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What to do

(3 Posts)
doraismissing Mon 11-Jul-16 12:59:07

Apologies nced to avoid being recognised.

Fairly senior position in large financial services company. Specialist within a group.

My boss has just announced that the work that I am "responsible" for is to be moved out of the group. I have spent the last year trying to get him engaged on the organisation of what I do without much success. He rarely turns up to meetings. I ask who is going to take the senior lead and nothing ever happens. Spend 3 months of my year fire fighting to get things done and everything delivered. V little engagement from senior people in department and juniors need constant badgering to get things done as they don't feel that they get rewarded for this work in the way they do with other work.

Do I sit tight or (sorry to drip feed) cut my losses? I am hopefully about to be offered a position with a client for ALOT more money and job prospects. Overall I like the team I am in (bar boss) and the work is varied. New role will be a challenge and I am not 100% sure about who I will be directly reporting to.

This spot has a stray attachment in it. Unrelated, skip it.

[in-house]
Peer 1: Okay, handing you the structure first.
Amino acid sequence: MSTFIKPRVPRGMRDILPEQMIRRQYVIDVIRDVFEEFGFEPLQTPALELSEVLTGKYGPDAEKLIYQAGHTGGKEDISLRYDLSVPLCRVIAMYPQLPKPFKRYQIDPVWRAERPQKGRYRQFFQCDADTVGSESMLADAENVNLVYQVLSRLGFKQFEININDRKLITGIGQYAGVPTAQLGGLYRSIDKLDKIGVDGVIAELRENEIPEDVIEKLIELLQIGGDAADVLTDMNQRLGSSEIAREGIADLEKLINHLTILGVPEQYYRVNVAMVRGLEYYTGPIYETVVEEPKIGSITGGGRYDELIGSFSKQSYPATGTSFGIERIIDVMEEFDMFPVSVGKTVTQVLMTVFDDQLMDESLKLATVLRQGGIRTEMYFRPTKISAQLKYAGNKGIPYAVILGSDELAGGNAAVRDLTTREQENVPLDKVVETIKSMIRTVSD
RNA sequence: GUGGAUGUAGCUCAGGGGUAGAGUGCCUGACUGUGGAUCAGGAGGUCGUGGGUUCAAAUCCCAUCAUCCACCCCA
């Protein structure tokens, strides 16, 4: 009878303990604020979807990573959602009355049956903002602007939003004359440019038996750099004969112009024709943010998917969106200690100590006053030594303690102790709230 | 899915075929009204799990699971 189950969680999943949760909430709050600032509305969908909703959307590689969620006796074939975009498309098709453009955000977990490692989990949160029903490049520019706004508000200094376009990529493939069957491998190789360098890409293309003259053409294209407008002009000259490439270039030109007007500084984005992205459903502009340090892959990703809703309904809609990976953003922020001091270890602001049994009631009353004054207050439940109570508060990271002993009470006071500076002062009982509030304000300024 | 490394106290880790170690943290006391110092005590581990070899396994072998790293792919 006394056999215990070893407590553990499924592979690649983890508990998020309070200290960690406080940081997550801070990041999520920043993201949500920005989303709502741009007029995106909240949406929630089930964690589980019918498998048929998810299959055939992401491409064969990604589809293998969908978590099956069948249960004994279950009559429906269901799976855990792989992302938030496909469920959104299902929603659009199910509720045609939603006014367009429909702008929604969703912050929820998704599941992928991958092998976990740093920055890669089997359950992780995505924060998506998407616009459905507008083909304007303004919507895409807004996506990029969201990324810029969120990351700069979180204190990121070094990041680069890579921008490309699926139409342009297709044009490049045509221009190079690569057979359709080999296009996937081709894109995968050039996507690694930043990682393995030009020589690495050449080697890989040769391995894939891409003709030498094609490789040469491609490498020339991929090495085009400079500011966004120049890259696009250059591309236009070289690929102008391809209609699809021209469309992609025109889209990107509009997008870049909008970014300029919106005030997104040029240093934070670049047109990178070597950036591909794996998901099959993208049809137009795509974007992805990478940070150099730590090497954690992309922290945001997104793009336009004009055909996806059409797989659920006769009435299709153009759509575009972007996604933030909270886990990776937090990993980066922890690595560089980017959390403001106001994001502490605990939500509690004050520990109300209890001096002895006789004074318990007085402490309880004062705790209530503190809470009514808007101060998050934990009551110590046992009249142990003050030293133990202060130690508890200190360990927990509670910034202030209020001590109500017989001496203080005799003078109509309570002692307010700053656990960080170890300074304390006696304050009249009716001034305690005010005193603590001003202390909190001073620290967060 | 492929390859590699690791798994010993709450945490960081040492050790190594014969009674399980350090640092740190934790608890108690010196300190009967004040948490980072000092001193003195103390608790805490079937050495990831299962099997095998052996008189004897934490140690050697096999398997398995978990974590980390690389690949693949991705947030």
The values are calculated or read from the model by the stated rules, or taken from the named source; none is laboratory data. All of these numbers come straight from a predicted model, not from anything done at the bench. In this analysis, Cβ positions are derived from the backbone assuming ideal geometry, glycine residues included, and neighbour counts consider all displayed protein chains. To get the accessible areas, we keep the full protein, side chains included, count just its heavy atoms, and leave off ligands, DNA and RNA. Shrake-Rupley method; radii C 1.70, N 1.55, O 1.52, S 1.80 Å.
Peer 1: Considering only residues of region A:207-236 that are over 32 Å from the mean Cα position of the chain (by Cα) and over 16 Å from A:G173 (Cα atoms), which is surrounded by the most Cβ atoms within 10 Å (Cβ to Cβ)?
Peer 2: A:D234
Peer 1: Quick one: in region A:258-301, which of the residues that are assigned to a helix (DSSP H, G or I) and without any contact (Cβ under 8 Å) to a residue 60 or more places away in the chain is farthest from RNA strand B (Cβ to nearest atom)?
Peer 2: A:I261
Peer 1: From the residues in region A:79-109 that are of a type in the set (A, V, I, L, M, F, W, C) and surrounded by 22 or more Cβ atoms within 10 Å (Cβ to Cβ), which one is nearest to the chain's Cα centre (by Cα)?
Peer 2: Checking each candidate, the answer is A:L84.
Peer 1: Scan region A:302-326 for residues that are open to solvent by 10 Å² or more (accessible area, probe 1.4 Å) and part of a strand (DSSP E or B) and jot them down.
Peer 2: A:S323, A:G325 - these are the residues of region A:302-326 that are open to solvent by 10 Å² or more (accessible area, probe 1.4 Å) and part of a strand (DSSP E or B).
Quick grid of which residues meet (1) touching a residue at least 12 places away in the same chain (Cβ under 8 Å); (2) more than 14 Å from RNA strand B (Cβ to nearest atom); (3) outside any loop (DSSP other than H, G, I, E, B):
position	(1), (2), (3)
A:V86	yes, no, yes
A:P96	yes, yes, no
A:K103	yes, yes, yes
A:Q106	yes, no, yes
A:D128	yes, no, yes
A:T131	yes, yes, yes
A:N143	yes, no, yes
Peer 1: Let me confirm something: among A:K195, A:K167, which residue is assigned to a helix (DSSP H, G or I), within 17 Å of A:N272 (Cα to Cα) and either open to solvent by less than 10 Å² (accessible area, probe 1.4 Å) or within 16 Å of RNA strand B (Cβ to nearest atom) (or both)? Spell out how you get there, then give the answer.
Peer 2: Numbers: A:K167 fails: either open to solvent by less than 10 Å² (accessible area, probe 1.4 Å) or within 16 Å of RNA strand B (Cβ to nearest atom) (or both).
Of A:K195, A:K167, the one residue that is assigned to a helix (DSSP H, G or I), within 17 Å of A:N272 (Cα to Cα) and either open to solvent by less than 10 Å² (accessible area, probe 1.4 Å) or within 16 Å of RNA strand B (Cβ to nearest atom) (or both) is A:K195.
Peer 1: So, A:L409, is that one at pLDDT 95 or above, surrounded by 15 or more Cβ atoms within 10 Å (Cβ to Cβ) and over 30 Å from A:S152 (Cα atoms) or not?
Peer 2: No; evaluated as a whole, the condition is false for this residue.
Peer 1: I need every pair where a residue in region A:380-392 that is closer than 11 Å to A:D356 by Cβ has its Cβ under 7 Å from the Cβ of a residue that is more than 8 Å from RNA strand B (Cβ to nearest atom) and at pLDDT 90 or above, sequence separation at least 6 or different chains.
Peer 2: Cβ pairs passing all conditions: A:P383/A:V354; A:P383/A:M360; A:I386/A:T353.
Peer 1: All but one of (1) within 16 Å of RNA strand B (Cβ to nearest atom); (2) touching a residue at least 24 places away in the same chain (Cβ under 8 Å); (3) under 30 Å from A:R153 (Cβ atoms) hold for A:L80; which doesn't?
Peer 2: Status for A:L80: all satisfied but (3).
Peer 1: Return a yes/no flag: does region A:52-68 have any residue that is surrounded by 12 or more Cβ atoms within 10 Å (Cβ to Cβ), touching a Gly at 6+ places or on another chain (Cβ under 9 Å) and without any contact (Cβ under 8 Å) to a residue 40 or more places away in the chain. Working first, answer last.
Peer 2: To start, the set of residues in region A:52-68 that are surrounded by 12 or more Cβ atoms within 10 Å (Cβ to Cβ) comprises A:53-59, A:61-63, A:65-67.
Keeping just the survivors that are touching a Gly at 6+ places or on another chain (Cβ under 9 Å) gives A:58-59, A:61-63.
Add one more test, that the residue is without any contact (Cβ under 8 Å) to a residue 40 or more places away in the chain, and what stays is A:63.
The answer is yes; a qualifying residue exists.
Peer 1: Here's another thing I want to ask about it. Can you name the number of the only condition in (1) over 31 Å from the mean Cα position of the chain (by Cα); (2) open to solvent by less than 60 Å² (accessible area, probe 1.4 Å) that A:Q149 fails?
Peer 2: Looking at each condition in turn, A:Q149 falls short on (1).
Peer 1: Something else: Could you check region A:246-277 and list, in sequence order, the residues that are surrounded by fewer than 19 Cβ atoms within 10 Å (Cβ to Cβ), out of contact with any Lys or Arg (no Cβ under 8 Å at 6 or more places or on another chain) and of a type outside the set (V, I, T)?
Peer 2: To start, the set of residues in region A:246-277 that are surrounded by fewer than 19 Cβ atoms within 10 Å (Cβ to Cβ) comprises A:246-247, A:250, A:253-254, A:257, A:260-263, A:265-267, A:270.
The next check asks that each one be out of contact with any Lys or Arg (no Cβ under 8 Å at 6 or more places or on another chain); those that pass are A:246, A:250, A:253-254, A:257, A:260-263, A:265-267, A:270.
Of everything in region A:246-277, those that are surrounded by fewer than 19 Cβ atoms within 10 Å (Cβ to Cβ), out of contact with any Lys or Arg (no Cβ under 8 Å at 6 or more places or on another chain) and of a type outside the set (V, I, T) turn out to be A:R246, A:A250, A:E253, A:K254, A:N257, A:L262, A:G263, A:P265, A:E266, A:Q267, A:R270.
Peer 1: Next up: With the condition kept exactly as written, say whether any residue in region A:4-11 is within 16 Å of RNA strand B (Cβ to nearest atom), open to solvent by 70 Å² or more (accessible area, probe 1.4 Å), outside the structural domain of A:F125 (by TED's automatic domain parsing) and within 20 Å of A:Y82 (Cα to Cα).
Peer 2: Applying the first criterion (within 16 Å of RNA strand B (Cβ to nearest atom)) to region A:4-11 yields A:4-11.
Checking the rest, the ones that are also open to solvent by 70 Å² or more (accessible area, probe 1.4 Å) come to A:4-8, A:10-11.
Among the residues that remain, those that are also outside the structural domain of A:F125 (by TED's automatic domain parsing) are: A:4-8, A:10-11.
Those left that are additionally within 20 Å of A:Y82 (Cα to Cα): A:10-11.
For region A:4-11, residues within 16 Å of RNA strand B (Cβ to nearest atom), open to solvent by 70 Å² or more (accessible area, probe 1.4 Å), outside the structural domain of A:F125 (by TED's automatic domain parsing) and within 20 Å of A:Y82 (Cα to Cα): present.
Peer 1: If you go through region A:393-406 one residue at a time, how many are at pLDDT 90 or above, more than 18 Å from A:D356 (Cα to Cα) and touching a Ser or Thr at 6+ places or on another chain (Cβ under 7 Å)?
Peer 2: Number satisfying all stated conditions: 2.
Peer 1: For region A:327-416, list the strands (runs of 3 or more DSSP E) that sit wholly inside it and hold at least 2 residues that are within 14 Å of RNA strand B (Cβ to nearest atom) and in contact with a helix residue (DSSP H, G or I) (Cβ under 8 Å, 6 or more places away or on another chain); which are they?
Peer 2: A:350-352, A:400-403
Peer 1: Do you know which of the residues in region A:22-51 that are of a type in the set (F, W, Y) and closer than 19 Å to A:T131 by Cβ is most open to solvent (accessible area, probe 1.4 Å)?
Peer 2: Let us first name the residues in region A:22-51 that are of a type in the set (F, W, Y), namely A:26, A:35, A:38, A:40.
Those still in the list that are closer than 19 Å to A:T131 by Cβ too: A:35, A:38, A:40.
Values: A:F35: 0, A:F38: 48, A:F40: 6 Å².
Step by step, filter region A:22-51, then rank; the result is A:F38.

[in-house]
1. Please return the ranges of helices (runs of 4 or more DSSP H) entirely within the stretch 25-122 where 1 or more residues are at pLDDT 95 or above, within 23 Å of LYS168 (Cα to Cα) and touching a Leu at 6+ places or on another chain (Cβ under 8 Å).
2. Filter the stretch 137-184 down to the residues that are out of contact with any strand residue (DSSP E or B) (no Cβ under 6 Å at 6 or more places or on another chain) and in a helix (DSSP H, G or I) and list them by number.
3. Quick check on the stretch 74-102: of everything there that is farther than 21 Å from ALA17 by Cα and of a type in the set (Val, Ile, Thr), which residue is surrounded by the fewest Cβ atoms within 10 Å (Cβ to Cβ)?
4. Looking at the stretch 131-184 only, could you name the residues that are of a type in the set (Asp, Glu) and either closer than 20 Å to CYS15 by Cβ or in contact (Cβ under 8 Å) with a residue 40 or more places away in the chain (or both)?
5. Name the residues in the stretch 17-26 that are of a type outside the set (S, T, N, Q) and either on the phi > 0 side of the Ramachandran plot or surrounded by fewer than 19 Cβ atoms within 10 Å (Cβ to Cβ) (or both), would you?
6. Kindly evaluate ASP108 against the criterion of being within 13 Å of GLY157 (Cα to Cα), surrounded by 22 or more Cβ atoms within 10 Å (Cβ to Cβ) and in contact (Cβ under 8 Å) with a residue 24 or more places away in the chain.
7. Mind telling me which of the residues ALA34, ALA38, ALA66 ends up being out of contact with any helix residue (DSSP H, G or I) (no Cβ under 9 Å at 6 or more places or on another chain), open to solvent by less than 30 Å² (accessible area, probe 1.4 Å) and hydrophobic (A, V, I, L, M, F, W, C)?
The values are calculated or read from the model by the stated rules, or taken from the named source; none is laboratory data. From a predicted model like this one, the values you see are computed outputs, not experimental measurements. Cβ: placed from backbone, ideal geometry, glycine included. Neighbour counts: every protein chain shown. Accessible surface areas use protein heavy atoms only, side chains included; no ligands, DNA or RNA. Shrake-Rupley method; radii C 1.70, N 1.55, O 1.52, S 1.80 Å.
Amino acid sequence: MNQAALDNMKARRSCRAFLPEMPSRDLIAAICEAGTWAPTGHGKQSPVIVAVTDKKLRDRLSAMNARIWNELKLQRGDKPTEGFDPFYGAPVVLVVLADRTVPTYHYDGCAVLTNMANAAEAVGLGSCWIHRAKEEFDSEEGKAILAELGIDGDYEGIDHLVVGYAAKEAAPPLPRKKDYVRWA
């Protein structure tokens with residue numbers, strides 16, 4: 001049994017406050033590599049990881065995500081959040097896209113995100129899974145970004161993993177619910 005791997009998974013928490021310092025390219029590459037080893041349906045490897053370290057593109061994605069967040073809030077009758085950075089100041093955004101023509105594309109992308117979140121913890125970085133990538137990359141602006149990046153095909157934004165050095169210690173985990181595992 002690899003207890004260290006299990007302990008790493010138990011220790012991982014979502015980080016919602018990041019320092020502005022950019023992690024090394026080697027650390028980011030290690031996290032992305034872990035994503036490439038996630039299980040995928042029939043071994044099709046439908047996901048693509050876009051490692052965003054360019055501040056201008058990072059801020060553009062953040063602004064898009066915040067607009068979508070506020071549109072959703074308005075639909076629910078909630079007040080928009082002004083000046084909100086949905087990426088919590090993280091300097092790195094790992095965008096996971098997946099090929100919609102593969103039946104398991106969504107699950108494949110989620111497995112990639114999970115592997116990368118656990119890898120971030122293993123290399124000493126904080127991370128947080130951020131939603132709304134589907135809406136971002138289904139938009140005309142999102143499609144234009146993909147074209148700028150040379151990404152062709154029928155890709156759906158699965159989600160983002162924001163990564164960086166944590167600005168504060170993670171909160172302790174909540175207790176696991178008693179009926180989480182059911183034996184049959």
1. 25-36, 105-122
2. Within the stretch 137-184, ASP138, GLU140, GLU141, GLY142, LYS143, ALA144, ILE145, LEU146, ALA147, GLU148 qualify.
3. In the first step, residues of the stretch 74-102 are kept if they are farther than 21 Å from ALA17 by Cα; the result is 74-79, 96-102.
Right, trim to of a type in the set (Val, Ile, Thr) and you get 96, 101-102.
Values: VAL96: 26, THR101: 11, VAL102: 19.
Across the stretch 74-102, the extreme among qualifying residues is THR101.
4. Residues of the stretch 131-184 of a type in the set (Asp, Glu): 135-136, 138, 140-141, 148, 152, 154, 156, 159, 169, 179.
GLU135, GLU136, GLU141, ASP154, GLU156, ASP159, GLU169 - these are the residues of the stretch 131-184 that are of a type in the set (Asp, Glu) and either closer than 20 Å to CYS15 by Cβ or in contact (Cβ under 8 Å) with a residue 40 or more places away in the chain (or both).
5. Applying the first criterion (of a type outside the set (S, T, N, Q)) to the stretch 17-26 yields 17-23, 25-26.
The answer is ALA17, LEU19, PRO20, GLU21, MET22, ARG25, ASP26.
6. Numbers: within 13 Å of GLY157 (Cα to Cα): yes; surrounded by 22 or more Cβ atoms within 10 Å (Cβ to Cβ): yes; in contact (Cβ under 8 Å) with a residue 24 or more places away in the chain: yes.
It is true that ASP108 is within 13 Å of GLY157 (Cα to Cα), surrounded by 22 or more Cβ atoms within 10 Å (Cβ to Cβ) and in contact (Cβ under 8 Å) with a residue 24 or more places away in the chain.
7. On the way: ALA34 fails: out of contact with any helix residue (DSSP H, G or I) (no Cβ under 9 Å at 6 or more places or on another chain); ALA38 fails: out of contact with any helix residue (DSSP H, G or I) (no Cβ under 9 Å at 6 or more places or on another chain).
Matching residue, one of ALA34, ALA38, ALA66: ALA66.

Don't know how to approach the situation. Any advice.

daisychain01 Tue 12-Jul-16 16:59:04

My boss has just announced that the work that I am "responsible" for is to be moved out of the group

If you're having the bulk of your work taken away from you, then that seems to indicate redundancy is on the cards.

I would think twice about jumping ship to a client who has promised you a role, as the offer could evaporate as quickly as it was offered. If something seems too good to be true, most of the time it is.....

If you have a long service history with your current employer, that's worth hanging onto. I'd gain clarity over your job before you do anything else.

If the client offers you an interview, go along for the meeting, no harm done in finding out more, but just don't knee-jerk react before you've explored your options.

daisychain01 Tue 12-Jul-16 17:00:23

Sorry I meant to say, if they offer you a redundancy package that may be advantageous rather than leaving for the other role that may end up not happening.

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